When Meg met Jane

Roger Ebert wrote in 1993 that Jane Campion had not yet made an uninteresting film, and I think that’s still true nineteen years and four films later.  She’s such a smart and daring filmmaker that even her failures and her missteps are fascinating to watch.  In the Cut (2003) is a case in point: a long and intricately layered suspense thriller about misogyny and sadomasochism (with Meg Ryan, of all people, playing the bottom to Mark Ruffalo’s top), it’s a film that’s not afraid to go feverishly off the rails.  Little wonder that it tanked critically and commercially.  There’s no way a film this dark, this strange, and this densely theoretical could have been successful in the U.S. (nor could its shocking close-ups of fellatio have gotten past the MPAA; it was released unrated).  For one thing, the film assumes that its audience is at least smart enough to engage with its ideas about female passivity, victimization, the allure of sexually aggressive or dangerous men, the relationship of sexual arousal to fear, the cultural power of marriage plots and the semiotics of murder mysteries.  (Campion is an example of the literary-minded female director I described in a previous post; In the Cut, like nearly all of her other work, is deeply informed by, though not always a mouthpiece for, feminist literary theory.)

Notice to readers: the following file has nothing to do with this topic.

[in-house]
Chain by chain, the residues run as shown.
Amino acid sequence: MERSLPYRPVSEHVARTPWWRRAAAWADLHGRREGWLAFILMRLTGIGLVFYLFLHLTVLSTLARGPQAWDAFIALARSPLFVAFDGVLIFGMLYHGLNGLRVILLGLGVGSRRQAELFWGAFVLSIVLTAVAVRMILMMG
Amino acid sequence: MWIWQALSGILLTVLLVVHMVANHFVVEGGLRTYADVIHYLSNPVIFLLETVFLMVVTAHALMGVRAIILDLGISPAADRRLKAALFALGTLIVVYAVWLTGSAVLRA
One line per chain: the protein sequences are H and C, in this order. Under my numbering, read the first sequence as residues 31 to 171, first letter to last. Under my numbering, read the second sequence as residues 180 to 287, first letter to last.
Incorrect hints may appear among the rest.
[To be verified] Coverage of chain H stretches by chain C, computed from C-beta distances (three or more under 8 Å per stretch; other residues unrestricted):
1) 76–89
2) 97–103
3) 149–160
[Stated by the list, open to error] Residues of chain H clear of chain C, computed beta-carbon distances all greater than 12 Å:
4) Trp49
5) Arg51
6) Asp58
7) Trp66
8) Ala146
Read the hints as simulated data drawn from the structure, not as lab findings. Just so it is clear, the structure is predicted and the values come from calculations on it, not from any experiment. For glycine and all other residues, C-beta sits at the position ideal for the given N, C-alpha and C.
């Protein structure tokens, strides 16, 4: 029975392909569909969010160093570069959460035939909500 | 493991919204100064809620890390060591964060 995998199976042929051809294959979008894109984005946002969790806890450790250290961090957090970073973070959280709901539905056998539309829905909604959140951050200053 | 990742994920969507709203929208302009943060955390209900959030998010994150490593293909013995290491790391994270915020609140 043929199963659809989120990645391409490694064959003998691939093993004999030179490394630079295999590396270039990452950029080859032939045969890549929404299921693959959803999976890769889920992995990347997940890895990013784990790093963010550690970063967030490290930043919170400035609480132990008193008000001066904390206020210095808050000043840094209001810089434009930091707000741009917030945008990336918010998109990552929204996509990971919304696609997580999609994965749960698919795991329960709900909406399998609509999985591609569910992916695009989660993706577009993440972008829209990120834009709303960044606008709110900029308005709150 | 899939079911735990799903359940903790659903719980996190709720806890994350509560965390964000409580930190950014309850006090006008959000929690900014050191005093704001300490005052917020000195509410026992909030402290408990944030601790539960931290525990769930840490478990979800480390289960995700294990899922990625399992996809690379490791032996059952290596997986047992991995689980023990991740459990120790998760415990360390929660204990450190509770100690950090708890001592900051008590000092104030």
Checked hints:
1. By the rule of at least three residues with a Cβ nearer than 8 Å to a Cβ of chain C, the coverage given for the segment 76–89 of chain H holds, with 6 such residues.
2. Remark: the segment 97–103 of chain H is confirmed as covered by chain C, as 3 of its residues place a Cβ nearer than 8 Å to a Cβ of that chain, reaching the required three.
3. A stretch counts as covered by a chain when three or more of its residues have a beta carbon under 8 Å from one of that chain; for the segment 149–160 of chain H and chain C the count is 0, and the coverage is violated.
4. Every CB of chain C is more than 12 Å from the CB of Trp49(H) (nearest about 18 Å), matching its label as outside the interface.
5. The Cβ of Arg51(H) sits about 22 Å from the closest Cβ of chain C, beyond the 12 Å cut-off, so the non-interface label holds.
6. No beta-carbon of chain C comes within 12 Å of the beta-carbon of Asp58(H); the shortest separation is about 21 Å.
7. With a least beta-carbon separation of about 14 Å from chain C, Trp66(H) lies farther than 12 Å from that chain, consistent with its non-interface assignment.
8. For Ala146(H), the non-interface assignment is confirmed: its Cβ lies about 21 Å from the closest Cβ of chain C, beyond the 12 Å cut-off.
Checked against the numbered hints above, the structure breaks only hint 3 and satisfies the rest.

It’s a brilliantly subversive move on Campion’s part, then, to cast Meg Ryan, she of so many cute Nora Ephron rom-coms, as her masochistic heroine Frannie Avery.  Just as Campion’s cinematic sensibility could be said to be the diametric opposite of Ephron’s, Frannie is the twisted sister to the sunny, freshly-scrubbed romantic types for whom Ryan’s name has become a kind of shorthand.  Cynical, intellectual, voyeuristic, and deeply attracted to sexually dangerous situations, Frannie openly rejects the kinds of dewy, sentimental fantasies about love and men that drive ninety-five-percent of Hollywood films aimed at women.  Because as a character Frannie is so much at odds with dominant cultural images of women on screen, and because Campion puts Ryan in such vulnerable positions here, audiences were bound to react with discomfort, if not outrage.  Additionally, Frannie’s submissive streak presents challenges to those feminist viewers who insist on “positive representations” of women.  Nevertheless, or perhaps because of these factors, I would argue that In the Cut explores female desire more complexly and more intelligently than just about any other film of this millennium.  With any luck, we can look forward to another two decades of Campion films.  I predict that there won’t be an uninteresting one among them.            

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